14 February to 10 April. Open daily 12-5pm

The Practice of Theories is a group exhibition of work by artists with a connection to Wysing who seek to make visible the intangible, or share knowledge or complex theories through their work and working methods. With Andrea Büttner, Ami Clarke, Andy Holden, David Osbaldeston, Yuri Pattison, Heather Phillipson, Takeshi Shiomitsu, Erica Scourti, Cally Spooner and David Toop.

Click on the image above for a slideshow of installation views.

Read Beth Bramich's review for Thisistomorrow, here.

The Practice of Theories

Andrea Büttner’s contribution to the exhibition is a print that itself is an extract of a larger body of work, comprising photographs, diagrams and drawings, that together aim to represent images or figures of speech employed by the philosopher Immanuel Kant in his theory of aesthetics, Critique of the Power of Judgement (1790). The images have been sourced from books in Kant’s personal library, alongside images found online, and attempt to unfold the philosopher’s argument in the manner of ‘a new layer of footnotes.’

Ami Clarke brings together several works that inform her ongoing script Error-Correction: an introduction to future diagrams, that include video animation, collage, and prints; both serial and appropriated. The title to the ongoing work stems from the ideas of the German physician and physicist Herman von Helmholtz, who's research into mathematics of the eye brought him to the conclusion that they were exceptionally prone to error, an approximation at best, that 'operate(s) within the protocols of instruments(i)' - an 'error-correction' of sorts. These ideas led to probability theory and the abstract language of mathematical analysis in celestial mechanics and situated theory as the engine to extend enquiry into domains beyond the human sensorium and beyond visual representation.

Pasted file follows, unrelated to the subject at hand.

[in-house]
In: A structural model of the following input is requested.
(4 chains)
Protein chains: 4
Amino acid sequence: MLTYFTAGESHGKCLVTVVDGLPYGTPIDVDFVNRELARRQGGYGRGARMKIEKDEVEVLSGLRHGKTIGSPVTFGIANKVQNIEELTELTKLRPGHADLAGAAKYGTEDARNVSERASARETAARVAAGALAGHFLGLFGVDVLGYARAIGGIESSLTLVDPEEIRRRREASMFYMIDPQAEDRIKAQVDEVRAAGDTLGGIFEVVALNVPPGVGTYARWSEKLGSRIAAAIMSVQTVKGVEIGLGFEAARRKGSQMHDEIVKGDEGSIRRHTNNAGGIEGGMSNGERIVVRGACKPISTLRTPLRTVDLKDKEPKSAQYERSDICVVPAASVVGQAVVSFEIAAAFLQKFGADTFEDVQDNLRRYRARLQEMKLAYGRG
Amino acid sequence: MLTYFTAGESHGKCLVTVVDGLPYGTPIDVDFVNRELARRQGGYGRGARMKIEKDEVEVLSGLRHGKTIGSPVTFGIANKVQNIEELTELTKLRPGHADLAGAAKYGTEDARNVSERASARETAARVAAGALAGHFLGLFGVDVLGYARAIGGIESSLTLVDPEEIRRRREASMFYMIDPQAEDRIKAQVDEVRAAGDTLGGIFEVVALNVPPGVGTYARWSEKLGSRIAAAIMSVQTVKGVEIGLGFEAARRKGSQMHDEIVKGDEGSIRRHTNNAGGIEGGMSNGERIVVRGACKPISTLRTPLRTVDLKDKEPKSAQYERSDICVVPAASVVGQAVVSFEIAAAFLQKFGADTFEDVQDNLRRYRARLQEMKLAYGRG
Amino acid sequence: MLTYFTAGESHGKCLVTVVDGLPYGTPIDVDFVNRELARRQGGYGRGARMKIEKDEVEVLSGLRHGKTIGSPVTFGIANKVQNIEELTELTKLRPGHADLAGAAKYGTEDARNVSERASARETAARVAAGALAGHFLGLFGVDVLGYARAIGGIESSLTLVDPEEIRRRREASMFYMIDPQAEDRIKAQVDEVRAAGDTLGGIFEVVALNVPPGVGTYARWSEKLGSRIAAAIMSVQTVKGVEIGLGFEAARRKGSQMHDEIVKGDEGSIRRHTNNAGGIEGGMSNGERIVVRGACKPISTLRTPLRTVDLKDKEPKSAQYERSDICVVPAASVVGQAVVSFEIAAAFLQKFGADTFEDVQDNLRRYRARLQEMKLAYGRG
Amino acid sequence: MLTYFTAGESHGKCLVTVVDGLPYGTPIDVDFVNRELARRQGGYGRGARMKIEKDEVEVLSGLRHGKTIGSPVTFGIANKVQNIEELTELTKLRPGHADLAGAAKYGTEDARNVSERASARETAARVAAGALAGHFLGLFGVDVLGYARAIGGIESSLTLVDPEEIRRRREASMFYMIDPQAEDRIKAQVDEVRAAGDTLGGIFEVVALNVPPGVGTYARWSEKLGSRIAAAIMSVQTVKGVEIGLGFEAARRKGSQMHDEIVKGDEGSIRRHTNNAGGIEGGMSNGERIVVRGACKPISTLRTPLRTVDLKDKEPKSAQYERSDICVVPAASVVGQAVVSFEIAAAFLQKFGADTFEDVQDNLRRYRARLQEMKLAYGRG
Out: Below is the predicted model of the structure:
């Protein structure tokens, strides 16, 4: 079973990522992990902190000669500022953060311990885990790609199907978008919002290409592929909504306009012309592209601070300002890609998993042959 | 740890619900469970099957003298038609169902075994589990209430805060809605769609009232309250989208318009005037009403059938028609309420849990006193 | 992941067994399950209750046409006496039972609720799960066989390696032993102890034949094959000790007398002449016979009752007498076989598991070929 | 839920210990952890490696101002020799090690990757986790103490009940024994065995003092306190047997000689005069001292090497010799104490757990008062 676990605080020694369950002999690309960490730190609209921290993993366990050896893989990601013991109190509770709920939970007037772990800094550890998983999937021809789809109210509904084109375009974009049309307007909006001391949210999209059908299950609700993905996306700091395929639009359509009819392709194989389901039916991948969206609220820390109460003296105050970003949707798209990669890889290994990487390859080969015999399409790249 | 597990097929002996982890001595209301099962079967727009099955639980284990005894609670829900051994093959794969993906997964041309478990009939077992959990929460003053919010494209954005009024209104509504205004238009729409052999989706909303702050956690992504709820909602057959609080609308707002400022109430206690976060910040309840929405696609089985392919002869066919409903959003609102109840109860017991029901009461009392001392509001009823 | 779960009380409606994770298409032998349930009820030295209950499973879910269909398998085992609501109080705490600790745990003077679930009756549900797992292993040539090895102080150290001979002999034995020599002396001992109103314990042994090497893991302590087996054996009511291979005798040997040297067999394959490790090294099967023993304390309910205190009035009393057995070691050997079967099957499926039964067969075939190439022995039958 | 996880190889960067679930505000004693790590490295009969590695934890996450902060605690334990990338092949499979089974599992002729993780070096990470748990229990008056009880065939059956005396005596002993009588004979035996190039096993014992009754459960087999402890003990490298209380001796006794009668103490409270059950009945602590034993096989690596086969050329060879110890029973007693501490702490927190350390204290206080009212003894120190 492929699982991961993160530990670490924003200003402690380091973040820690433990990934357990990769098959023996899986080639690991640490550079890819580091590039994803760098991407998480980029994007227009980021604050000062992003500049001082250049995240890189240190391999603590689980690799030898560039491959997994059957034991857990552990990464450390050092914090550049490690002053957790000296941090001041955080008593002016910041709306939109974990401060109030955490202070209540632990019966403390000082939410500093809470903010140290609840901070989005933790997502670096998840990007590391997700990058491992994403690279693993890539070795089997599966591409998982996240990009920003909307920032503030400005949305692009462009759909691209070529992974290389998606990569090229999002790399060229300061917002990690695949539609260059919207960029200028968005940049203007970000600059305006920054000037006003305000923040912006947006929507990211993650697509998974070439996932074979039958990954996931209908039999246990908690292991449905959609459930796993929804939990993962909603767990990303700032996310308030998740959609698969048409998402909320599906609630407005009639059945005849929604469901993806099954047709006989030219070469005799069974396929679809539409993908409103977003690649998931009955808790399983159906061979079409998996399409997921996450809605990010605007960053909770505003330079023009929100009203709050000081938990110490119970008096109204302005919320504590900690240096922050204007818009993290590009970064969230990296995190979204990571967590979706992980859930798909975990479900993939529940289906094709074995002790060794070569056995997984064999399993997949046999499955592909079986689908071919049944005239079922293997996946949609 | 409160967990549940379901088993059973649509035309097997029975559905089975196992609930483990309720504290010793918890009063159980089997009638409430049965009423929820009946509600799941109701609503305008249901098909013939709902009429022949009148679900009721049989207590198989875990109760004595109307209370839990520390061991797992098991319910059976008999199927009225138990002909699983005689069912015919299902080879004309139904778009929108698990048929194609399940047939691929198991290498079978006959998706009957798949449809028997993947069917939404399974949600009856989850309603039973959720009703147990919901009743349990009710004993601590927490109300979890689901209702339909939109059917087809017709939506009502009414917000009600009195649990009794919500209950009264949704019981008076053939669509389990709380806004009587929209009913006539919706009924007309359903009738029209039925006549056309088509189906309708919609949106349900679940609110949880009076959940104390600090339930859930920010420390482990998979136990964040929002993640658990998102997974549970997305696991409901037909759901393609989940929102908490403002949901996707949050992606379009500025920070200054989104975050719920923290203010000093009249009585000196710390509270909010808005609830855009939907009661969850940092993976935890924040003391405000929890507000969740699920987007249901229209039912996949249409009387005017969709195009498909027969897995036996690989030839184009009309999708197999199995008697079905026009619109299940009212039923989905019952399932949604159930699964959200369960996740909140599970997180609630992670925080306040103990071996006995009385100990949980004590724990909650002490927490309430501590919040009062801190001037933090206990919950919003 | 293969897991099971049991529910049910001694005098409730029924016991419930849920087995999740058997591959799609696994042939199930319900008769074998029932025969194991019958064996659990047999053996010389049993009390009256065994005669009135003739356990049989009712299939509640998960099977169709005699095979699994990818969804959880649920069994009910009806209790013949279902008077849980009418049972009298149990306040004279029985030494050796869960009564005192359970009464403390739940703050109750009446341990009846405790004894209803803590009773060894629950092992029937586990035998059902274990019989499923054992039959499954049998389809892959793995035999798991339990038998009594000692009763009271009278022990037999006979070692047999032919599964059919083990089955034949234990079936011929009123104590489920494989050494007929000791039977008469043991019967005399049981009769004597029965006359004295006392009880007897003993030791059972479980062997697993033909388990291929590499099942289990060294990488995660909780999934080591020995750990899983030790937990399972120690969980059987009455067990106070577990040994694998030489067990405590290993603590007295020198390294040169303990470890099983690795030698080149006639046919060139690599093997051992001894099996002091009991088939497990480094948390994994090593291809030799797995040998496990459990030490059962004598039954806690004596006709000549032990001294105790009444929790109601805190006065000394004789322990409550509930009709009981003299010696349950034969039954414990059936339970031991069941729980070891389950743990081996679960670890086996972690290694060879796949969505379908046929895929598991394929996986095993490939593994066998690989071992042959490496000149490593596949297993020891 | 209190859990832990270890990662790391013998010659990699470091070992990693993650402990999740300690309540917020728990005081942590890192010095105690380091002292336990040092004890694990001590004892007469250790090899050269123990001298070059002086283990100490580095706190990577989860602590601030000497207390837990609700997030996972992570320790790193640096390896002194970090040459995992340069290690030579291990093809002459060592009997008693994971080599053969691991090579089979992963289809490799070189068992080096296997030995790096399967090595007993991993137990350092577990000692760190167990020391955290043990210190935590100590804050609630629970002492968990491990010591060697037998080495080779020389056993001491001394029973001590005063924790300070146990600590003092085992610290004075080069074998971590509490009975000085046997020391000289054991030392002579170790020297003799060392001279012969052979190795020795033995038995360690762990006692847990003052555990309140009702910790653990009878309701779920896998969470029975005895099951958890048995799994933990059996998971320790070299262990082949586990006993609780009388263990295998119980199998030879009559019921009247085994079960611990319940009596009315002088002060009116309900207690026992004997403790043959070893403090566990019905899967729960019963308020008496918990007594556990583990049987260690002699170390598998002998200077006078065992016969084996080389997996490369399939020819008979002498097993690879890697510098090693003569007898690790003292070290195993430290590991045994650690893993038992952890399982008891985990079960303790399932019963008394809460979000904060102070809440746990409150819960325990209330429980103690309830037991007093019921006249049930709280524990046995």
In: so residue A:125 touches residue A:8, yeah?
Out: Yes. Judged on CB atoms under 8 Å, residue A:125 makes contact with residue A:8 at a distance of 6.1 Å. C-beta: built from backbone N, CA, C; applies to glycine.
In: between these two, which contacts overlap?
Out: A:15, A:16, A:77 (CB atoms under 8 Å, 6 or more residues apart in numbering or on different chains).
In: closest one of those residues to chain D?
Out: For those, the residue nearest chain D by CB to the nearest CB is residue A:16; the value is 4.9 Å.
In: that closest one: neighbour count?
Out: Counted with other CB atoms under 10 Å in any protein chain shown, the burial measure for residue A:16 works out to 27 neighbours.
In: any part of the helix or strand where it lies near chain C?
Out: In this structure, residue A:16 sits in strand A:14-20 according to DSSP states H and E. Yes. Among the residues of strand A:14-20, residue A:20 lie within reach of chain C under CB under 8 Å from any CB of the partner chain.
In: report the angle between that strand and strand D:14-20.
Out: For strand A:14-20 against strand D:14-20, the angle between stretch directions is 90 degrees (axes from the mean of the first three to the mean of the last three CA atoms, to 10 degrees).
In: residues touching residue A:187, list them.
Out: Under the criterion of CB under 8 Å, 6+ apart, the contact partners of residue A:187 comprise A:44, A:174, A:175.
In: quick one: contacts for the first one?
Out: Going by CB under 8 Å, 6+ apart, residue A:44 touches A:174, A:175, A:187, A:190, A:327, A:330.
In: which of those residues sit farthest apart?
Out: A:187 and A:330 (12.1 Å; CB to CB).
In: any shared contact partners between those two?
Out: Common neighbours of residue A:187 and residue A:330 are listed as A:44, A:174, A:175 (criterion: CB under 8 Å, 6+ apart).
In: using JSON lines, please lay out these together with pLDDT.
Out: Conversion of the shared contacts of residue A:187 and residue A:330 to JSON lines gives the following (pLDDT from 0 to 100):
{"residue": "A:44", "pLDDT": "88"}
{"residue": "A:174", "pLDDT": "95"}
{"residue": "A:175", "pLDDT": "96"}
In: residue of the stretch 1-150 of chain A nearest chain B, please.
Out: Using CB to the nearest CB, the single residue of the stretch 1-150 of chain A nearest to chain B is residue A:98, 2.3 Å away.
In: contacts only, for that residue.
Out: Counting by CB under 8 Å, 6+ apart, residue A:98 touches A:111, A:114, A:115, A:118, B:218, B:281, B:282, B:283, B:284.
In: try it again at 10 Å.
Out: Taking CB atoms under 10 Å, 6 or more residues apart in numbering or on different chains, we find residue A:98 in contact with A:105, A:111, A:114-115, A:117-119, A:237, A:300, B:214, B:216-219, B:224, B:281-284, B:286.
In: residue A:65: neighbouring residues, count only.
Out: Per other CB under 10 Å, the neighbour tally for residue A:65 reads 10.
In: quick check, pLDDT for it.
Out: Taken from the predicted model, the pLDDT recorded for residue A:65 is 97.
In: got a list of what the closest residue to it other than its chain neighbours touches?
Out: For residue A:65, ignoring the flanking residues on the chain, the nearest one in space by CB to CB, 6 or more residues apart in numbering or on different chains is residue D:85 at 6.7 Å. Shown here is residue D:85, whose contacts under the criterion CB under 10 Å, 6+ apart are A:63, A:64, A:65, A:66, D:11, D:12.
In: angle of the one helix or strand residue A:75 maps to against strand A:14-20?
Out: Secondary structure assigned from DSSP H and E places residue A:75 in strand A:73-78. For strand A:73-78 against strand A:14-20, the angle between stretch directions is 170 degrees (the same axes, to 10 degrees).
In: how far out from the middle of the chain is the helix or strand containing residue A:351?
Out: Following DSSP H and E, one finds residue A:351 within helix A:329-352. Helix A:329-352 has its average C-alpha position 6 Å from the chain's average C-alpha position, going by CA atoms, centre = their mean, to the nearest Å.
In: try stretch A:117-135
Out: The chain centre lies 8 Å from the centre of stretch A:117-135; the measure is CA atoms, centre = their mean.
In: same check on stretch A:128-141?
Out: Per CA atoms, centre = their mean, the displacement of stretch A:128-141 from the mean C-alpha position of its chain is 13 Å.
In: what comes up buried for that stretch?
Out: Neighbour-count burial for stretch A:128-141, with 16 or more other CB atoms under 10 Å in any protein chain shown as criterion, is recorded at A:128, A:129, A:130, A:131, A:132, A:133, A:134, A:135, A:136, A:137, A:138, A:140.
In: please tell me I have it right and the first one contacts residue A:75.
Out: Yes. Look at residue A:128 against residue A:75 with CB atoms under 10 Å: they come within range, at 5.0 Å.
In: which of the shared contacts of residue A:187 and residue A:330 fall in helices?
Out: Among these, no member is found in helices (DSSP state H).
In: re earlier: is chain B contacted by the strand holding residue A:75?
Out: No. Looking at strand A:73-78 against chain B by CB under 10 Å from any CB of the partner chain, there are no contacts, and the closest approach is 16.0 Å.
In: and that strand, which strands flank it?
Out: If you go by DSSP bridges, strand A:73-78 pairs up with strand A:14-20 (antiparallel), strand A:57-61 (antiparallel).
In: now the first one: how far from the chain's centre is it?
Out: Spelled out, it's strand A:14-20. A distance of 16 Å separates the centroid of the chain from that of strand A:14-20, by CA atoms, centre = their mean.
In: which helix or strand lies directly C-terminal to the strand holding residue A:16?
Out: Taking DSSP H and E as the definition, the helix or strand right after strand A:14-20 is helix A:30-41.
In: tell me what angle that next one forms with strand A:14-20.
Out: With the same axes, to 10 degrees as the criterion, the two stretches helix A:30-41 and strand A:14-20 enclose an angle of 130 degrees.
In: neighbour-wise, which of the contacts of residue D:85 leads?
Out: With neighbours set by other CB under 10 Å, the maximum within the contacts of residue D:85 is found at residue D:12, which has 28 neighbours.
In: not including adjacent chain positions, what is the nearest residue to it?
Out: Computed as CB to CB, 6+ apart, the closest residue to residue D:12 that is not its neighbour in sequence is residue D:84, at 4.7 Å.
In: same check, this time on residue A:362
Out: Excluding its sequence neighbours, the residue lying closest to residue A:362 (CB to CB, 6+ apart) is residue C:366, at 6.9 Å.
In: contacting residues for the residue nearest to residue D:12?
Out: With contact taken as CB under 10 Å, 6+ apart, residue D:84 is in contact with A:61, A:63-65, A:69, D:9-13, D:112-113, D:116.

Occupying the centre of the gallery is Andy Holden’s work The Dan Cox Library for the Unfinished Concept of Thingly Time (2011); a space containing books owned by Dan Cox, a close friend and collaborator of Holden's who passed away in 2011. The books are placed in relation to fragments from Holden's sculptural projects and together aim to explain the theory of ‘thingly time’; a theory that the pair had begun to develop. In the spirit of their friendship and collaboration, the library is a space for dialogue, between ideas and words, things and art-objects. To expand the theory of thingly time, Holden is hosting a live reading and performance event within the library, on 20 February, with invited artists and poets Steve Roggenbuck, Heather Phillipson and Erica Scourti.

David Osbaldeston has created five new drawings entitled Incomplete Scenarios for an Unwritten Present (2016) in response to the theme of Wysing Poly. The drawings propose fantastical storage systems for works that have the potential to be produced in the future, with the form of each system modelled on five of the seven structures found in crystalline forms. The drawings, which have an anachronistic drawing style of intense notational writing with speech-bubbled text and pseudo-scientific diagrams of theories, present parallels between the past, present and future.